Endoscopic submucosal dissection to remove large colorectal lesions was performed safely and successfully in an outpatient setting, based on data from more than 600 patients.
The widespread adoption of endoscopic submucosal dissection (ESD) has been slow because of its relative complexity, compared with other procedures, wrote Viktor Tidehag, MD, of Danderyd Hospital, Stockholm, and colleagues. The technique, first developed in Japan, is usually an inpatient procedure in Asian countries, the researchers said. However, “We have previously published a study of 156 ESD patients discharged after 2-4 hours of observation post ESD, providing a proof of concept that uncomplicated colorectal ESD can be safely performed as an outpatient procedure,” they wrote.
In a study published in Gastrointestinal Endoscopy, the researchers reviewed data from a larger group of 660 consecutive colorectal ESD procedures at a single center between April 2014 and November 2020. Of these, 48 were planned admission and 612 were scheduled as outpatient procedures. All patients had lesions greater than 20 mm; the median size of the lesions was 38 mm, but the median lesion size was significantly smaller for outpatients, compared with inpatients (37 mm vs. 55 mm). The lesions included 323 (48.9%) in the proximal colon, 102 (15.5%) in the distal colon, and 235 (35.6%) in the rectum. The median procedure duration was 70 minutes, but was significantly shorter for outpatients, compared with inpatients (65 minutes vs. 121 minutes). The mean age of patients in the outpatient and inpatient groups was 68.7 years vs. 70.6 years.
Overall, en bloc resection was achieved in 620 (93.9%) cases, 30 were completed as piecemeal resections, and 10 were aborted and referred for surgical resection. A total of 33 of the scheduled outpatient procedures turned into unplanned inpatient procedures.
As for intraoperative adverse events, no significant differences in perforation rate occurred between inpatients and outpatients. Overall, perforation occurred in 38 cases (5.8%); 35 of these were treated with clip and 21 also were treated with antibiotics. A total of three patients required emergency surgery following perforations.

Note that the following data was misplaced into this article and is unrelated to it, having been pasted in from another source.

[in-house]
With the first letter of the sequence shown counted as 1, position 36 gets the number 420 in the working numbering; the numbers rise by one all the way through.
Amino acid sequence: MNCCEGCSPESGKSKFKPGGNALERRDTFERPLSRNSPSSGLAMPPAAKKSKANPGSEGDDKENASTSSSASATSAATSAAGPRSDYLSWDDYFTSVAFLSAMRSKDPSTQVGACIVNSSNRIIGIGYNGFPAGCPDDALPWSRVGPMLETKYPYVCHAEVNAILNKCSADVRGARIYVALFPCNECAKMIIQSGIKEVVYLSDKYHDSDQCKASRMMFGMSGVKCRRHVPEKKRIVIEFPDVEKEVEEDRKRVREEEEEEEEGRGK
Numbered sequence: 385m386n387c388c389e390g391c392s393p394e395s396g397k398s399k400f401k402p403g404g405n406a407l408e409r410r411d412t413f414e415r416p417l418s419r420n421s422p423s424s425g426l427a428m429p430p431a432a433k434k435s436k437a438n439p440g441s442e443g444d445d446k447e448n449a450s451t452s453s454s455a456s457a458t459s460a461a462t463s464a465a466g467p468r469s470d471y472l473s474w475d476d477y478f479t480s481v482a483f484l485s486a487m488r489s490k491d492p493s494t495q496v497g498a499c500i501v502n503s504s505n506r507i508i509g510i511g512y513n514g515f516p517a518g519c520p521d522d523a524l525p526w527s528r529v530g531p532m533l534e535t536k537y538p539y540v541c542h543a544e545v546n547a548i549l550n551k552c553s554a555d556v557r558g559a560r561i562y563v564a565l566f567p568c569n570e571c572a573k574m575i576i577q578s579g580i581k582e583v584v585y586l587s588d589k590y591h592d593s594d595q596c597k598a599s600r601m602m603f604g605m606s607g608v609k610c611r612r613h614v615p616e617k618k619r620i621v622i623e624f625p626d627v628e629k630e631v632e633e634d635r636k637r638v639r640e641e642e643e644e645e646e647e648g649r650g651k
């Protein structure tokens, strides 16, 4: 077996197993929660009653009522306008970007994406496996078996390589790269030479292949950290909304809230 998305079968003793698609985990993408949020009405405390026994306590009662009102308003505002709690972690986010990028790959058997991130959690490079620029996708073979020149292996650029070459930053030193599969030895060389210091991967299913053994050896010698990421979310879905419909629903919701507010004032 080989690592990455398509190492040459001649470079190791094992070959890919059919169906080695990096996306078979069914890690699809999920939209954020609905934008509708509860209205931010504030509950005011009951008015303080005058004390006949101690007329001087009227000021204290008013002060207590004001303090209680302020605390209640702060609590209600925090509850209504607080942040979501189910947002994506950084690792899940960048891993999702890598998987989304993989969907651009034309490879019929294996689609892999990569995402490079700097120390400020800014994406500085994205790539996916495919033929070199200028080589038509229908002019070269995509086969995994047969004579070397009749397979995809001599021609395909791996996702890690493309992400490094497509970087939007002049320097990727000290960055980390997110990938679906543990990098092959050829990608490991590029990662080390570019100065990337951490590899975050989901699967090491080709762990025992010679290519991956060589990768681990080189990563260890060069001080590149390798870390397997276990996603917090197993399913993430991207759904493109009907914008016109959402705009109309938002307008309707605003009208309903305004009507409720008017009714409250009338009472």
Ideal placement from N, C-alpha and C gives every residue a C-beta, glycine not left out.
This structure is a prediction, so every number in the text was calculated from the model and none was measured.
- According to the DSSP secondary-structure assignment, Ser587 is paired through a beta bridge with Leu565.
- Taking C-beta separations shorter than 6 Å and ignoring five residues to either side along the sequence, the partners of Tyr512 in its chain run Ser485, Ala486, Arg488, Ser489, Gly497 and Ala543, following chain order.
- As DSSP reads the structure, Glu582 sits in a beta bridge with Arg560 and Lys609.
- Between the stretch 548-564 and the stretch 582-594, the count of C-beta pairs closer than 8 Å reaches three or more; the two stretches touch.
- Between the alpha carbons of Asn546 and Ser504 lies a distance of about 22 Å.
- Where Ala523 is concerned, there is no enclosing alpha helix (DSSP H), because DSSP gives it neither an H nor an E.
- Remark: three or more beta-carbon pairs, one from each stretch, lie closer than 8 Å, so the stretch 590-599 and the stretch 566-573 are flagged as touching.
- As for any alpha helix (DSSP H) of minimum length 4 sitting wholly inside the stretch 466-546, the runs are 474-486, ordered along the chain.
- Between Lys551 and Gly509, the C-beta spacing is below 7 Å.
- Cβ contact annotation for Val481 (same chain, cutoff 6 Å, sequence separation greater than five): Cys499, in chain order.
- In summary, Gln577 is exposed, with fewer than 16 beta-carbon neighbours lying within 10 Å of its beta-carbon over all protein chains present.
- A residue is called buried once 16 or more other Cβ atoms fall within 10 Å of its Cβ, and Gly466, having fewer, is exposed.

Within 30 days of the procedures, 46 patients (7.0%) sought medical attention for possible procedure-related concerns, the researchers said. “No correlation was found between 30-day complications and lesion location, resection speed, age, or perioperative perforation,” the researchers wrote in their discussion of the findings.
The study findings were limited by several factors including the retrospective, nonrandomized design from a single center, with no controls, as well as the potential for selection bias of healthy patients selected for outpatient procedures, and lack of data on comorbidities, the researchers noted. However, the results were strengthened by the inclusion of a large number of lesions in the proximal colon, they said.
Endoscopic treatment is associated with lower mortality and morbidity, as well as lower costs, compared with laparoscopic and open surgery, and ESD could have a significant effect on health economics if widely implemented, the researchers noted in their discussion. “Being able to perform ESD in an outpatient setting compared to an inpatient situation would further decrease treatment costs compared to resection surgery,” they said. However, “patients must be well informed about the anticipated postoperative course and potential complications that can arise,” particularly in relation to intraprocedural or delayed perforation, they concluded.
Data Support Adoption of ESD
The current study was informative and will provide more support for adoption of colorectal ESD in the West, said Salmaan Jawaid, MD, of Baylor College of Medicine, Houston, in an interview.
Dr Salmaan Jawaid
“Health economics in Asian countries are strikingly different than in other countries and support routine postprocedural admissions for observation,” Jawaid said. “Colorectal ESD has been slow to gain momentum in the West due to a steep learning curve, long procedural times, and the potential for complications with resultant hospital admissions. These logistical elements and impact on health care economics in the West serve as tremendous deterrents [of] adoption of colorectal ESD,” he explained.
“The current study demonstrates colorectal ESD, in a European health care system, may be feasible and safe in an outpatient setting, thereby effectively utilizing health care resources,” said Jawaid. “If admission after colorectal ESD is not routinely needed, health care systems may be more willing to support ESD on a broader scale with a consequent increase in surgery-saving procedures,” he noted.
Jawaid said he was not surprised by the findings overall. “However, I did find it interesting the number of patients who were safely discharged the same day after suffering colonic perforations,” he noted. He suspects improved methods of defect closure would explain this, and could in turn increase the rate of adoption.
“In experienced hands, I believe similar results will be attainable in a U.S.-based health care system,” he added.
However, “Validated protocol-based clinical pathways are needed in the West before widespread outpatient colorectal ESD is implemented. In the United States, emphasis should be made on the development of long-term educational systems whose primary goal is to ensure proper skills are acquired for endoscopic dissection,” he emphasized. “If support from a U.S. health care system is desired on a larger scale, detailed cost-benefit analyses are needed comparing all modalities of colon polyp removal.”
The study received no outside funding. The researchers had no financial conflicts to disclose. Jawaid disclosed serving as a consultant for Lumendi and Conmed.
This story originally appeared on MDedge.com, part of the Medscape Professional Network.
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